1883 Comissão Map of the Congo River: Capelo-Ivens Expedition

Carta do curso do rio Zaire : de Stanley-Pool au Oceano. - Main View

1883 Comissão Map of the Congo River: Capelo-Ivens Expedition


Forgotten Portuguese explorers of Africa's interior.


Carta do curso do rio Zaire : de Stanley-Pool au Oceano.
  1883 (dated)     25 x 44.5 in (63.5 x 113.03 cm)     1 : 400000


This is a remarkable 1883 map of the Congo River and adjoining regions produced by the Portuguese Comissão de Cartografia das Colónias. It highlights knowledge gained from the forgotten but important 1877 - 1879 Capelo-Ivens Expedition, a Portuguese effort to map and claim the lands along the river in the early days of the Scramble for Africa.
A Closer Look
Coverage extends from the West African coast as far north as Massabi and as far south as the mouth of the Congo River, near the present-day city of Soyo in Angola. Rivers, lakes, mountain ranges, roads, villages, local kingdoms, and ethnic groups are noted. Portuguese knowledge of coastal areas was clearly more advanced due to their centuries-long presence there, such as along the Chiloango (Cacongo) River starting from Landana. Certain areas of the interior, where missions (missão) were established or where Portuguese explorers, traders, and troops had long traveled, such as São Salvador (M'banza-Kongo) at bottom right, were also familiar to Lisbon, though not necessarily well-mapped. Much of the information at right was more detailed than in any earlier European maps.

The stops (estação) made by Stanley during his travels through the region are indicated throughout. Explanatory notes provide critical information about features, particularly the hazards on the notoriously dangerous Congo River (waterfalls, whirlpools, and rapids). The recently-established city of Léopoldville (N'Tamo, Kinshana) is labeled at top-right, near the confluence of Stanley Pool (Pool Malebo) and the Congo River. Due to the hazards on the Congo River, the city remained isolated and remote until the completion of the Matadi-Kinshasa Railway (Chemin de Fer du Congo) in 1898.
The Capelo-Ivens Expedition
Though hardly as famous as Stanley and Livingstone, perhaps due to their nationality and subsequent relative weakness of the Portuguese Empire, Hermenegildo Capelo (here as Capello), Roberto Ivens, and Alexandre de Serpa Pinto were nearly as important for European exploration of the African interior. As discussed below, Portugal was anxious about the viability of its presence in Africa in the closing decades of the 19th century, and feared encroachments by the British and other European powers. At the same time, the advance of European military technology and the tactic of establishing protectorates with friendly local rulers provided opportunities to expand Portuguese control into the interior parts of the continent.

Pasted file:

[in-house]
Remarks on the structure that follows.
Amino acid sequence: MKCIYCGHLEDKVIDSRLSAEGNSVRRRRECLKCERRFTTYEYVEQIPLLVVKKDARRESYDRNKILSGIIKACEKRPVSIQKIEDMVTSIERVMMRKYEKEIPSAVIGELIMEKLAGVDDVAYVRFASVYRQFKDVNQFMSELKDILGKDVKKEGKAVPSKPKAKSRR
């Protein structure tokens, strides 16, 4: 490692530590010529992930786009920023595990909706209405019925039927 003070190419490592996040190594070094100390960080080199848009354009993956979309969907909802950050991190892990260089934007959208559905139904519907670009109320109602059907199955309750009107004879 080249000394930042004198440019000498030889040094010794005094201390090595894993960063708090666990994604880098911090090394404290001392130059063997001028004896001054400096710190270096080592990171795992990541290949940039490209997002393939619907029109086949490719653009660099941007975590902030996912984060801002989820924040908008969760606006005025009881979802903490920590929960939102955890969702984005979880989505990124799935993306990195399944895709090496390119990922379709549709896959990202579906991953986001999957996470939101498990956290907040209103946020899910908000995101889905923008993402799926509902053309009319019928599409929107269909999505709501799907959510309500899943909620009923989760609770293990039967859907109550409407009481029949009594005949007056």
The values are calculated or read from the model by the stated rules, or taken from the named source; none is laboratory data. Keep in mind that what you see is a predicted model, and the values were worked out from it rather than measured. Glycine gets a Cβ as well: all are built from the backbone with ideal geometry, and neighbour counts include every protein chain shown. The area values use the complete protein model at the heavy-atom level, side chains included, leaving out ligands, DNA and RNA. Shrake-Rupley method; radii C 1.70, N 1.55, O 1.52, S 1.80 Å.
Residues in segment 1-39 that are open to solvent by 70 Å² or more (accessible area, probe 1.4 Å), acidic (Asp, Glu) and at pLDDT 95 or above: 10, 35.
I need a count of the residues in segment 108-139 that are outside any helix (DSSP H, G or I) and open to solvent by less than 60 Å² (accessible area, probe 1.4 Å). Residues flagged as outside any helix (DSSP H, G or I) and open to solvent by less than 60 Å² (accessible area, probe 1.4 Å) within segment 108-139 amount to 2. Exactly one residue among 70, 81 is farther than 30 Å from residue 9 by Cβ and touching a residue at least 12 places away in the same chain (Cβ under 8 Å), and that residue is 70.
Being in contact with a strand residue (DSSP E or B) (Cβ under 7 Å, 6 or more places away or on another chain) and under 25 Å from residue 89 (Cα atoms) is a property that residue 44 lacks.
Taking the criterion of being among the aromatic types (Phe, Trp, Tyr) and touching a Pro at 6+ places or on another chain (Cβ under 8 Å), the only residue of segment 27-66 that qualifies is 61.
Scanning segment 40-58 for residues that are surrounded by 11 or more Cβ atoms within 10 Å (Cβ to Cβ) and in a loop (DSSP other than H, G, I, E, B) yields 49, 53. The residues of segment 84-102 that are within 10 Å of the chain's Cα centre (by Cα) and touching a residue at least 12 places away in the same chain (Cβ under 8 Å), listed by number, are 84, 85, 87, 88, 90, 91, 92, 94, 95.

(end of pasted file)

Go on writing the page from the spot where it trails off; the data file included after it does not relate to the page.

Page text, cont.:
Luciano Cordeiro, the founder of the Sociedade de Geografia de Lisboa, organized an expedition in 1877 with the aim of reaching the Kwango (Cuango) River, exploring areas to the south (near the present-day borders of Angola, Namibia, Zambia, Zimbabwe, and Botswana), and eventually traveling straight across the continent to the Boer Republics or Portuguese East Africa (Mozambique). More generally, the expedition aimed to find a reliable route between Angola and Mozambique to solidify Portugal's plans to create a Trans-African colony. The expedition, consisting of Capelo, Ivens, and Serpa Pinto, who later played an important role in the struggle with the British over the borders of Mozambique, quickly fell into disagreement and Serpa Pinto split off, exploring to the south around the Zambezi while Capelo and Ivens went north. After nearly three years of travel, the two men returned to Lisbon in March 1880, having charted the course of several rivers between the Congo and the Zambezi. They wrote about their expedition in the book De Benguela às Terras de Iaca (From Benguela to the Lands of Iaca). In the meantime, Serpa Pinto had reached Praetoria, completing the daunting task of crossing the continent, and also published a book, titled Como eu atravessei a África (translated as How I Crossed Africa). In 1884 - 1885, Capelo and Ivens undertook another expedition, this time crossing the continent, which was documented in their book De Angola à Contra-Costa (From Angola to the Other Coast).